Genichi William Hiraoka

Genichi William Hiraoka
Private First Class
442nd Regimental Combat Team
3rd Battalion, I Company

Genichi William Hiraoka was born on September 11, 1924, in Kaneohe, Oahu, Territory of Hawaii.  He was one of two sons and five daughters of Genjiro and Mitsu (Sugimoto) Hiraoka.  His parents emigrated from Yamaguchi Prefecture, Japan, on the S.S. China and arrived in Honolulu on June 20, 1902.  Genjiro worked as a laborer on sugar plantation near Ewa.  Both Genichi and his brother, Tsutomu, served in the U.S. Army.

Billy, as Genichi was known, was educated at Benjamin Parker High School in Kaneohe, Oahu.  Before entering the service, he was employed as a carpenter for the U.S. Engineers Department at Bellows Field.  Hiraoka registered for the draft on December 19, 1942, Local Board No. 1 at Benjamin Parker School.  At the time he was living with his family on Keole Road and working at the airport at Kualoa.  His point of contact was his brother Tsutomu; he was 5’8½” tall and weighed 132 lbs.

Genichi William Hiraoka enlisted in the U.S. Army in Kaneohe on March 25, 1943.  He was sent to the “tent city” at Schofield Barracks with the other recruits.  They were given an aloha farewell ceremony by the community on March 28 at Iolani Palace.  On April 4, the new soldiers left on the S.S. Lurline for San Francisco enroute to Camp Shelby, Mississippi.  Following basic training, Genichi was assigned to 3rd Battalion, I Company.

After over a year at Camp Shelby, the 442nd left for Virginia on April 22, 1944.  They shipped out to the Mediterranean Theater of Operations on May 2 in a large convoy of troop ships and arrived in Naples, Italy, the end of the month.

On June 26, 1944, the 442nd entered combat in the Rome-Arno Campaign.  Two weeks later, on July 10 and July 11, 1944, they had advanced into Tuscany and were north of the Cecina River.  The objective was a road that ran west from the town of Pomaja toward the sea and was instrumental in the German’s movement along the battlefront.  Resistance by the Germans was stiff.  Pfc. Hiraoka was killed during the series of battles on July 11 in the area of Pomaja.  It was exactly two months before his 20th birthday.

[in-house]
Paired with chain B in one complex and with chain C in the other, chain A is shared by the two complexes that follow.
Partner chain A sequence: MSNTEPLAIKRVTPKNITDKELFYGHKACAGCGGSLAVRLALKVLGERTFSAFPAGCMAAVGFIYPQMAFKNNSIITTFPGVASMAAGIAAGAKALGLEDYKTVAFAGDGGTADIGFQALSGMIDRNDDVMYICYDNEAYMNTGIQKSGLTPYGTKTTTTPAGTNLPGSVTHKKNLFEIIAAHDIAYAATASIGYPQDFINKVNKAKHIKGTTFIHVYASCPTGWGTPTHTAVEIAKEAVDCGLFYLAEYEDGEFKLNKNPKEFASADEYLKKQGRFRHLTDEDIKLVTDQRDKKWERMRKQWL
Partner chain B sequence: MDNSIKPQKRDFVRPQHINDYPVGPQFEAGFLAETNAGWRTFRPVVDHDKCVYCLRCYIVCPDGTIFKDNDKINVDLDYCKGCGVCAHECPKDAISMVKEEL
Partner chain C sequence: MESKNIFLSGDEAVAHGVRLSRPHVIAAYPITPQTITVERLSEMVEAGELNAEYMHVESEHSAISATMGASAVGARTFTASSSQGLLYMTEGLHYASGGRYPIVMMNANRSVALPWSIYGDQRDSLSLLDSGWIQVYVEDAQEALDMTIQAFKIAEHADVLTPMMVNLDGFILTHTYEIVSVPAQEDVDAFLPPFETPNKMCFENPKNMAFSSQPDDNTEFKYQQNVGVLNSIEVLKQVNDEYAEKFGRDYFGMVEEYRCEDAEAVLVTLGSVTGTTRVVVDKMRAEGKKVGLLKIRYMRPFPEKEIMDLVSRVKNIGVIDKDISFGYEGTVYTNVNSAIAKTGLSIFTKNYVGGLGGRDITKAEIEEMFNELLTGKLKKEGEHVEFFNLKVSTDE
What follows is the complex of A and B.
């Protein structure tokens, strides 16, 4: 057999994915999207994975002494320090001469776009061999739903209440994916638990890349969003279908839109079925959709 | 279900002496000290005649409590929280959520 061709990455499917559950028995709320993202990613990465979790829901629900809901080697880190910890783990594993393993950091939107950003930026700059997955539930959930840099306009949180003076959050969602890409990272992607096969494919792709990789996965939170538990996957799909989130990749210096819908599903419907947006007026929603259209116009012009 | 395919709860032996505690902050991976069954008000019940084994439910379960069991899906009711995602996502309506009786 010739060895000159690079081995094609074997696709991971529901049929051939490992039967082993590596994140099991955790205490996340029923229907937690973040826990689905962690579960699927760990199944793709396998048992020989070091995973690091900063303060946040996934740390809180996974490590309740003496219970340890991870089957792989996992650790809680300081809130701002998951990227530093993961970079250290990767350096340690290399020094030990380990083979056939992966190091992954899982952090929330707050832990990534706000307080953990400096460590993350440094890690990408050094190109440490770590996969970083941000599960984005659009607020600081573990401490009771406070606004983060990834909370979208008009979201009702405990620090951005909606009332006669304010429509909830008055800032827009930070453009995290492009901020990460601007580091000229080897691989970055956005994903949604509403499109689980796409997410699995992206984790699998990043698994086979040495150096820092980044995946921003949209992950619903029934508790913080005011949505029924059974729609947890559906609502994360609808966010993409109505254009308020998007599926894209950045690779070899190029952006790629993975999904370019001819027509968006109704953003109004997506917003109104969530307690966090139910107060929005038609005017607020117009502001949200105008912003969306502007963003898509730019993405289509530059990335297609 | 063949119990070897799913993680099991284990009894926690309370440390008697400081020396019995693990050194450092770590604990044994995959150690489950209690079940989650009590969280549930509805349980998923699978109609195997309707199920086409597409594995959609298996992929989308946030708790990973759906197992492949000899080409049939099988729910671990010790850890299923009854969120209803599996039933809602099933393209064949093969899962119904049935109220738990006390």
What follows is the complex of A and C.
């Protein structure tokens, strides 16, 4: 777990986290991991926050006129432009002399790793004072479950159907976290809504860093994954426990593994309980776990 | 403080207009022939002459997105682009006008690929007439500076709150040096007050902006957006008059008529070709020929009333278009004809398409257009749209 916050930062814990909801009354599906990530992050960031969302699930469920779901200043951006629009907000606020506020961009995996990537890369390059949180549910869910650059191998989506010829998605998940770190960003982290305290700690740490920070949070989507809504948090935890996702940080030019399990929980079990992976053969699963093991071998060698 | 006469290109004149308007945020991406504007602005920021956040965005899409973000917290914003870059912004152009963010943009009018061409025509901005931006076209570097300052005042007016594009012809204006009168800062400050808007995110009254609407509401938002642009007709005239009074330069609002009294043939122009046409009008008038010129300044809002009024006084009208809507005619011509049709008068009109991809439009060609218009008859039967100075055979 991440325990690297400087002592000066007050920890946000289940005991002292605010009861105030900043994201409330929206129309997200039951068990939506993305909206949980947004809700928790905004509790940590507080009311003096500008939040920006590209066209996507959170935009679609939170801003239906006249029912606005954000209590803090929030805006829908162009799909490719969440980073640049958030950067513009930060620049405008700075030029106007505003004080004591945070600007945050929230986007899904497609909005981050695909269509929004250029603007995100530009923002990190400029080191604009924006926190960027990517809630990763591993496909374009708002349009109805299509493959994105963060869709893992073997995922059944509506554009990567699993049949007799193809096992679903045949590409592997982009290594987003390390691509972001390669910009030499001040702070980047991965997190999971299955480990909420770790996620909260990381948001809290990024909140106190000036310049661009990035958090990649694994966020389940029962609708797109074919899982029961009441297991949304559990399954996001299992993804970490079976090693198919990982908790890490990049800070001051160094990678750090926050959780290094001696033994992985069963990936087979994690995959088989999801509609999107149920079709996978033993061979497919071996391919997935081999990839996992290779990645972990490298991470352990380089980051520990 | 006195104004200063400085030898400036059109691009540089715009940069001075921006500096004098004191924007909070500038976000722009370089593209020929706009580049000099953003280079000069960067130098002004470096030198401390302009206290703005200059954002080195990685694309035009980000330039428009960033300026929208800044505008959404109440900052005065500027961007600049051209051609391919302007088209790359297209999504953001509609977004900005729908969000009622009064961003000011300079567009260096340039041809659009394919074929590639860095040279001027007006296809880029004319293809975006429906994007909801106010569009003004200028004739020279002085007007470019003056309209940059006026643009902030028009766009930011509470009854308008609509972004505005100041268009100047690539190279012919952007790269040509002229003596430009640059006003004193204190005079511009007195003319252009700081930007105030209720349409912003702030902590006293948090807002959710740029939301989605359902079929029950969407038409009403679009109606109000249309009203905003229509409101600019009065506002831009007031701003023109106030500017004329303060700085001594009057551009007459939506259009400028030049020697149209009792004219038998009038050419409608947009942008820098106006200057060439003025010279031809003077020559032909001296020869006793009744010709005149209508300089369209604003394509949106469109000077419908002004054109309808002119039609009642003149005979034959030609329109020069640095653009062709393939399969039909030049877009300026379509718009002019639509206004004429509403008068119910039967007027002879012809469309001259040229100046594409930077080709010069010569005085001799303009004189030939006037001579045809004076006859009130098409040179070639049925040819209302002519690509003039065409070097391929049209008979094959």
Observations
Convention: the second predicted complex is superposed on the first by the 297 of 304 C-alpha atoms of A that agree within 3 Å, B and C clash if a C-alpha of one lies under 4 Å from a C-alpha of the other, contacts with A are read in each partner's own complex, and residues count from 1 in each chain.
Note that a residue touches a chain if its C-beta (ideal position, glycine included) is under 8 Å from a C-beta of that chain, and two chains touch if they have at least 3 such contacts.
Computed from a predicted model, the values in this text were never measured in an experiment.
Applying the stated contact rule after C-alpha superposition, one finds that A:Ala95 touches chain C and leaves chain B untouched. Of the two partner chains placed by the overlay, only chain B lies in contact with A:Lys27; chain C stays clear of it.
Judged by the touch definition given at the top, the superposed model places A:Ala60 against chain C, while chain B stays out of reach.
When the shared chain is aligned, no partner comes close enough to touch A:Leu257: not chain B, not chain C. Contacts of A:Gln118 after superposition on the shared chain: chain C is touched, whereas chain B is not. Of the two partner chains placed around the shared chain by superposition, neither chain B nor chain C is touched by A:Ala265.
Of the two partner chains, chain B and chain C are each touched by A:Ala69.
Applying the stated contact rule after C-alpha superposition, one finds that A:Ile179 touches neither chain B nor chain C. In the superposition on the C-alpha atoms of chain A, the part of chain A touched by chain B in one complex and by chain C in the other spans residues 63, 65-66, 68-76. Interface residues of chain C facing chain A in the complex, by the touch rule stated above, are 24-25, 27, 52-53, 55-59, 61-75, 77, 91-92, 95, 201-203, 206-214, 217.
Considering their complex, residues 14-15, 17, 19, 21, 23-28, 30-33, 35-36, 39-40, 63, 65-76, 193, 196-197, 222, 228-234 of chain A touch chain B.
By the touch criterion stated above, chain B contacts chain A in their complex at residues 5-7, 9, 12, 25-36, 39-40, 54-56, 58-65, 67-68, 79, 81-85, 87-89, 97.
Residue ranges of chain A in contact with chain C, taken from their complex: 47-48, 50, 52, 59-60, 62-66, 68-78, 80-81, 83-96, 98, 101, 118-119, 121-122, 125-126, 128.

Battle casualties were buried in the nearest U.S. Military Cemetery as soon as practicable.  Closest to Pomaja was the cemetery at Vada, and that is likely where Pfc. Hiraoka was interred.

His family held his memorial service at the Parker Memorial Methodist Church in Kaneohe on August 6, 1944.  An Army Chaplain assisted Rev. C.P. Goto in officiating.

For his military service, Private First Class Genichi William Hiraoka was awarded the Bronze Star Medal, Purple Heart Medal, Good Conduct Medal, American Campaign Medal, European-African-Middle Eastern Campaign Medal with one bronze star, World War II Victory Medal, and Combat Infantryman Badge.  Hiraoka was awarded the Congressional Gold Medal on October 5, 2010, along with the other veterans of the 100th/442nd Regimental Combat Team.  This is the highest Congressional Civilian Medal.

In 1948, the remains of American soldiers buried overseas began slowly to return to the U.S. if the family so wished.  As a result, on April 21, 1949, Pfc. Genichi William Hiraoka arrived home.  The USAT Sergeant Jack J. Pendleton brought the caskets of 134 soldiers, arriving at Honolulu Harbor’s Kapalama Basin.  There were hundreds of family and friends present to attend the dockside service.  The Secretary of Hawaii, Oren E. Long, officiated, the 264th Army Band played hymns, and military Chaplains participated.  One of the Chaplains was Hiro Higuchi, who had served in the 442nd with the men who were returning home that day.  The caskets were stored in the Army mausoleum on Oahu pending final burial arrangements.

On September 19 and 20, 1949, there were 30 burials of Hawaii’s sons at the National Memorial Cemetery of the Pacific at Punchbowl in Honolulu.  Pfc. Genkichi “Billy” Hiraoka was among them.  His burial was at 11:00 a.m. on September 20, in Section Q, Site 1230.  His flat granite grave marker was ordered on February 23, 1950, from West Chelmsford, Massachusetts.

Excerpts taken from In Freedom’s Cause:  A Record of the Men of Hawaii Who Died in the Second World War (1949) with permission from The University of Hawaii Press.

Original Biography prepared by Americans of Japanese Ancestry World War II Memorial Alliance, and provided courtesy of Japanese American Living Legacy (http://www.jalivinglegacy.org/).

Researched and rewritten by 442nd S&D 6/4/2021.

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